Q I enjoy reading your questions and answers even though I no longer have a garden. I especially loved my annual flower beds. It has been necessary for me to move to an apartment, but I do have large sunny windows. Would it be possible to grow some annual flowers? Fortunately I can open the windows for ventilation most of the summer. A special joy would be to have a few cut flowers to make little bouquets for friends. B. H. Barrington, Ill. There are some dandy annuals that can be grown in large pots or boxes on windowsills or plant stands. There are many that can be grown any time of the year. In our work with schoolchildren we have found the following do very well: asters, plume varieties of celosia, coleus, marigolds, zinnias, gomphrena, and geraniums from seeds. All make good cut flowers. For house growing, avoid the huge-bloomed, tall varieties of any annual. For hanging pots, grow petunias, nasturtiums, and mimulus (monkey flower). Begonias and impatiens do well out of the sun. The hanging pots provide cut flowers for small bouquets and pruning stimulates branching. Q While visiting my cousin in California I took come cuttings from her Chinese gooseberry vine. She said she had started it from seeds of some fruit she purchased at the supermarket. It has grown huge and blooms, but she gets no fruit. My cuttings rooted and the vine is growing well in a pot with a trellis. I have two questions. Is the vine hardy enough to grow outdoors in Indiana, and how could I get it to bear fruit? K. M. Elkhart, Ind.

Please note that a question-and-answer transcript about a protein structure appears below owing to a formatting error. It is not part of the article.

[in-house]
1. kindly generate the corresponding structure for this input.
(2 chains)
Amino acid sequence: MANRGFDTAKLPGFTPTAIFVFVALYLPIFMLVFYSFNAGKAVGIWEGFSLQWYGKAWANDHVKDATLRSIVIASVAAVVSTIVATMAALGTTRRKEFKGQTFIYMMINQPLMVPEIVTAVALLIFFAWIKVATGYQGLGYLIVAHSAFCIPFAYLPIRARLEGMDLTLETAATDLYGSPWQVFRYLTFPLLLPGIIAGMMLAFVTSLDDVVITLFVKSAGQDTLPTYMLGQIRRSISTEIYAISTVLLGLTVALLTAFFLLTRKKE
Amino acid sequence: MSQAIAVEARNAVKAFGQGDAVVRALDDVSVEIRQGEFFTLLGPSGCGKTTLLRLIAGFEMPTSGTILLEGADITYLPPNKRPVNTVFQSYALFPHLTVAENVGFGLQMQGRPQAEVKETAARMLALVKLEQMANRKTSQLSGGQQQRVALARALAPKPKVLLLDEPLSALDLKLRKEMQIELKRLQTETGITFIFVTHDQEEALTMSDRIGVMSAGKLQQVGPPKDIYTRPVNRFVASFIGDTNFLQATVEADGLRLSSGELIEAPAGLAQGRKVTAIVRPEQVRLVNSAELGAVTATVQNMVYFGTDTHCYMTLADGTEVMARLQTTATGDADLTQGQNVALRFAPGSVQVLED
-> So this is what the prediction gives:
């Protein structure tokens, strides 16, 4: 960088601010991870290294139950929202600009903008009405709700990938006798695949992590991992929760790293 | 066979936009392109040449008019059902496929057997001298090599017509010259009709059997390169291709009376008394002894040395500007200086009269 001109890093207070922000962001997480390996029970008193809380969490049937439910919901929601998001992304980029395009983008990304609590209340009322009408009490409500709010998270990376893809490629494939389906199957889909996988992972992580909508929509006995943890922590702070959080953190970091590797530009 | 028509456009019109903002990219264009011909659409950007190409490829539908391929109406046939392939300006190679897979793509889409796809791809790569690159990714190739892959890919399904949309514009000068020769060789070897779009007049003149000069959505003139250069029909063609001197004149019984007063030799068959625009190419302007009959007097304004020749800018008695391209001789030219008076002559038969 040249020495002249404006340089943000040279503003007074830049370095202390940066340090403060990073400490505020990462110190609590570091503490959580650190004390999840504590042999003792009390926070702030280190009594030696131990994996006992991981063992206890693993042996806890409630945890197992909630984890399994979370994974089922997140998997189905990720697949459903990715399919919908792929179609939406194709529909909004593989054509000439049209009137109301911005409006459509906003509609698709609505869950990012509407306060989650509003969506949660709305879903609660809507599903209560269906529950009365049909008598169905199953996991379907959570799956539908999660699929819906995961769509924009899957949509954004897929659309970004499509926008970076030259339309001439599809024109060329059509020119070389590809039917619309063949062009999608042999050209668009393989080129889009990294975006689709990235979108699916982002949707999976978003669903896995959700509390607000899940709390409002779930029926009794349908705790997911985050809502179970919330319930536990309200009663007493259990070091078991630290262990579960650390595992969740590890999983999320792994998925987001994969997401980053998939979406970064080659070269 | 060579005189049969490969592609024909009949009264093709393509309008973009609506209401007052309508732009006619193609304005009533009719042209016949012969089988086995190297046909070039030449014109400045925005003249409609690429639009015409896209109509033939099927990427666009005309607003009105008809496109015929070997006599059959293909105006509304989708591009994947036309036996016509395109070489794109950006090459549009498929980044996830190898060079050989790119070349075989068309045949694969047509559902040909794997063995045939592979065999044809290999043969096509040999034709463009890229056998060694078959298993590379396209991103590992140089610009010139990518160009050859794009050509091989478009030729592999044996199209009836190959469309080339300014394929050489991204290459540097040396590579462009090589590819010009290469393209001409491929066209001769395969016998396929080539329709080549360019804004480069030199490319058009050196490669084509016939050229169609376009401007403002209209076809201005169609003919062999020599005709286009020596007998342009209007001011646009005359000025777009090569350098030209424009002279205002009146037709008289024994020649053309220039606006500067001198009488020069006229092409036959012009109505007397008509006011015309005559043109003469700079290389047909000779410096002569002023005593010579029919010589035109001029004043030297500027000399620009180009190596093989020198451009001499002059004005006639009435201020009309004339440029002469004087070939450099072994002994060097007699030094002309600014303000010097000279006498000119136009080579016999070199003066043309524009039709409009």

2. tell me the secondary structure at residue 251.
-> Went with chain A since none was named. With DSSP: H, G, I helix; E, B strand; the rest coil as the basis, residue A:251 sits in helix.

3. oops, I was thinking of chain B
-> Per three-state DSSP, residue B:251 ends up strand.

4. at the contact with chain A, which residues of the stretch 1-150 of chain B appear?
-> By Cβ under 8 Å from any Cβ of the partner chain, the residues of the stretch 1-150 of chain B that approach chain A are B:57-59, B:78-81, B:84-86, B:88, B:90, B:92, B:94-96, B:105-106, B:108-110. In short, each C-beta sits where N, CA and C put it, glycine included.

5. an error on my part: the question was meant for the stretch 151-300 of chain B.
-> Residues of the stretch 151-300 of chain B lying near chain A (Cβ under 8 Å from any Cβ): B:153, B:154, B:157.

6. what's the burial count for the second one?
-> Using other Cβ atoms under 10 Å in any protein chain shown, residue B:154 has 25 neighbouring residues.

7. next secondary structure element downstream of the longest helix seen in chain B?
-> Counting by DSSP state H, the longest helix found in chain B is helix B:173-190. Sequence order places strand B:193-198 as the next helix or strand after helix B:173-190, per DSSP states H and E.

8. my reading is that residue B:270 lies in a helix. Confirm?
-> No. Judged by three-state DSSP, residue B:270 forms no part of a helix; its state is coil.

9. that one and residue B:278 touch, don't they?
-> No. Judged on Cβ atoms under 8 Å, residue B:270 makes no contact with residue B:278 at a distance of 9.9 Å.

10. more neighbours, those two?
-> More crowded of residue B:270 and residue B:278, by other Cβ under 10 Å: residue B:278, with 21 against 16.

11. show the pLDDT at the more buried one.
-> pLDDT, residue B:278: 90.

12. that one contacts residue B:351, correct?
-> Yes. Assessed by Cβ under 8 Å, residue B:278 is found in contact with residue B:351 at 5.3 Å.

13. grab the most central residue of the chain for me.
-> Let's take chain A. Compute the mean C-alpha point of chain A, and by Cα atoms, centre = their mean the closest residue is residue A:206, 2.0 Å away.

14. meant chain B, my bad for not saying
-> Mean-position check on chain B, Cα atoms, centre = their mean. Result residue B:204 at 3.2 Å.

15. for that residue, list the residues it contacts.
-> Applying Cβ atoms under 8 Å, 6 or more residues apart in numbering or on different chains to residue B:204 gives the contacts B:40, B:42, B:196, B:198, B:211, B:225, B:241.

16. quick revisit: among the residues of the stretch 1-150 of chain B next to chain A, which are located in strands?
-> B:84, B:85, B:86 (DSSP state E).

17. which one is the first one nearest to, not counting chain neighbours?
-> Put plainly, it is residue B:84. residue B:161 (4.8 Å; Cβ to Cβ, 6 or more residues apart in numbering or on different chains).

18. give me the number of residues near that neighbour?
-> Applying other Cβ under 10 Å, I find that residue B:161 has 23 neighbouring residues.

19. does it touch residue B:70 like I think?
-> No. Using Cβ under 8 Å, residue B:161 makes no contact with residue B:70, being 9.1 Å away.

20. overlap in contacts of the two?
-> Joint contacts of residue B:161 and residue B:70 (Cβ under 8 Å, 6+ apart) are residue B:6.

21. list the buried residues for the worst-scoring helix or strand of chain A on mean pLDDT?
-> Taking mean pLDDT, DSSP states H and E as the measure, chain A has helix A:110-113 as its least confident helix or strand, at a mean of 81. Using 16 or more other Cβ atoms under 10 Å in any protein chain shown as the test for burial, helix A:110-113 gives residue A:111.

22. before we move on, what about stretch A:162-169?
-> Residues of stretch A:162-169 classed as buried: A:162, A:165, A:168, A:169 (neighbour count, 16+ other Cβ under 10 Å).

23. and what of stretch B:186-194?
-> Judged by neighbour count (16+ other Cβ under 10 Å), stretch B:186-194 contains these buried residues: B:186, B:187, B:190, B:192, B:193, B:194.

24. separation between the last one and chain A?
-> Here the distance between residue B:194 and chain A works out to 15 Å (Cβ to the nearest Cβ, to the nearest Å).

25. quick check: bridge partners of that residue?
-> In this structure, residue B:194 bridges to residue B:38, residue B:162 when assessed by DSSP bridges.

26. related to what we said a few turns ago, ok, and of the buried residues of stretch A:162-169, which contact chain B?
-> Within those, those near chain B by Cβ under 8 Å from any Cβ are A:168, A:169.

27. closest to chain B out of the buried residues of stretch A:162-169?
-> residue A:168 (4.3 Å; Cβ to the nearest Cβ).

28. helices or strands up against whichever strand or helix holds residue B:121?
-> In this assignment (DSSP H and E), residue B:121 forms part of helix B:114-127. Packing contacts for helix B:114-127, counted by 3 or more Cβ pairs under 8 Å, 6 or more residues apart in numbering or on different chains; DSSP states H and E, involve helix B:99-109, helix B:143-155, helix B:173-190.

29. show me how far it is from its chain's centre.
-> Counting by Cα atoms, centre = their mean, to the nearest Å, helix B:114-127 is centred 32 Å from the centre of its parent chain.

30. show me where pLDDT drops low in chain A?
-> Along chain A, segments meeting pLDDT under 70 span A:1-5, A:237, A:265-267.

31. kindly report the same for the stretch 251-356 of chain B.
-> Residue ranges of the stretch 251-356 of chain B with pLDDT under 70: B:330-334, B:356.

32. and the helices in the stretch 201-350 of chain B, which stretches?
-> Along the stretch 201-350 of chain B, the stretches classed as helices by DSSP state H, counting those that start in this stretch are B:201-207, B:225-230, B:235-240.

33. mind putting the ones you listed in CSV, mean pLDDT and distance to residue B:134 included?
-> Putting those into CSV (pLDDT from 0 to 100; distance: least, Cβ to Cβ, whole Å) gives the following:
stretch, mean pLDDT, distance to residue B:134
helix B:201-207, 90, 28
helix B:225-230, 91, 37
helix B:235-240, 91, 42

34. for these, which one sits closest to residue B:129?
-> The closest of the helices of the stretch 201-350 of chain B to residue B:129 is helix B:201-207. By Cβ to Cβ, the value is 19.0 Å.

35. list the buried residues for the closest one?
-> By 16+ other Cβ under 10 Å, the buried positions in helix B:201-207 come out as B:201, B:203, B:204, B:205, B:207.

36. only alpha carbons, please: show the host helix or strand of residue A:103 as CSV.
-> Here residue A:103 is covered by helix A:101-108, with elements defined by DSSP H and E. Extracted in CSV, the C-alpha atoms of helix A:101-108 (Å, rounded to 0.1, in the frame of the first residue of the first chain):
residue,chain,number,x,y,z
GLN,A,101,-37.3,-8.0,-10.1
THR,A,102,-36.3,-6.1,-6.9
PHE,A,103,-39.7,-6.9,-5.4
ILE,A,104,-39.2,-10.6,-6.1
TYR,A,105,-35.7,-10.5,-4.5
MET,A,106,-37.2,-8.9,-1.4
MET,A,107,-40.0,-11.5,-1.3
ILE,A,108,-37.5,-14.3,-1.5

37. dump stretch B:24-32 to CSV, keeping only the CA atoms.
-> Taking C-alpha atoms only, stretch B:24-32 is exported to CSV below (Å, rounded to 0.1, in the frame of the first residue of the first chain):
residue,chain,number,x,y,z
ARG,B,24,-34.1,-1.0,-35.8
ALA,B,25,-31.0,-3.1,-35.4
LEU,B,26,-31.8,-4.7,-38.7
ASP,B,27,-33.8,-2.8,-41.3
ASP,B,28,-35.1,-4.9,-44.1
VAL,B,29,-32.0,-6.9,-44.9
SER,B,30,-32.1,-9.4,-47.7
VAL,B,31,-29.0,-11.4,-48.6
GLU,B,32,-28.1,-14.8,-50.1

Chinese gooseberry, or kiwiberry (Actinidia chinensis), would not be hardy for your area. The vine will get very rank and would be best grown in a greenhouse. You will need both male and female vines to produce fruit. There is a hardy Actinidia (A. arguta) called Bower Actinidia, which will tolerate temperatures as low as minus 25 degrees F. Greenish-yellow fruits are smaller (about an inch wide), but plants are quite prolific. As with all Actinidia, it is dioecious (di-ee'-shus), requiring a male and female vine for fruiting. Some nurserymen around the country will soon be offering varieties of this one. Q A year or so ago you mentioned a book which had interesting stories about plants now common to the United States that have originated elsewhere. I am interested in knowing where cucumbers were first found. Could you please mention the name of the book and the publisher? C. P. Lewiston, Idaho
The book is ``Green Immigrants, the Plants That Transformed America,'' by Claire Shaver Haughton (Harcourt Brace Jovanovich). The author tells us: ``Cucumbers are native to India and Egypt. . . . travelers in desert caravans carried cucumbers with them. The green skins efficiently protected the cool, fresh liquid within, which could assuage thirst; the flesh provided a refreshing food. . . .'' Q Quite some time ago you mentioned Avant Gardener (a horticultural publication) when answering a question about geraniums. You gave the address of the International Geranium Society, but you neglected to give the address of Avant Gardener. You said this publication has a list of plant societies which it offers to its subscribers. L. P. Long Island City, N.Y.
We apologize for the omission. The publishers are Tom and Betty Powell. Avant Gardener's address is: Horticultural Data Processors, Box 489, New York, N.Y. 10028.
If you have a question about your garden, inside or out, send it to the Garden Page, The Christian Science Monitor, One Norway Street, Boston, Mass. 02115. Doc and Katy Abraham are nationally known horticulturists.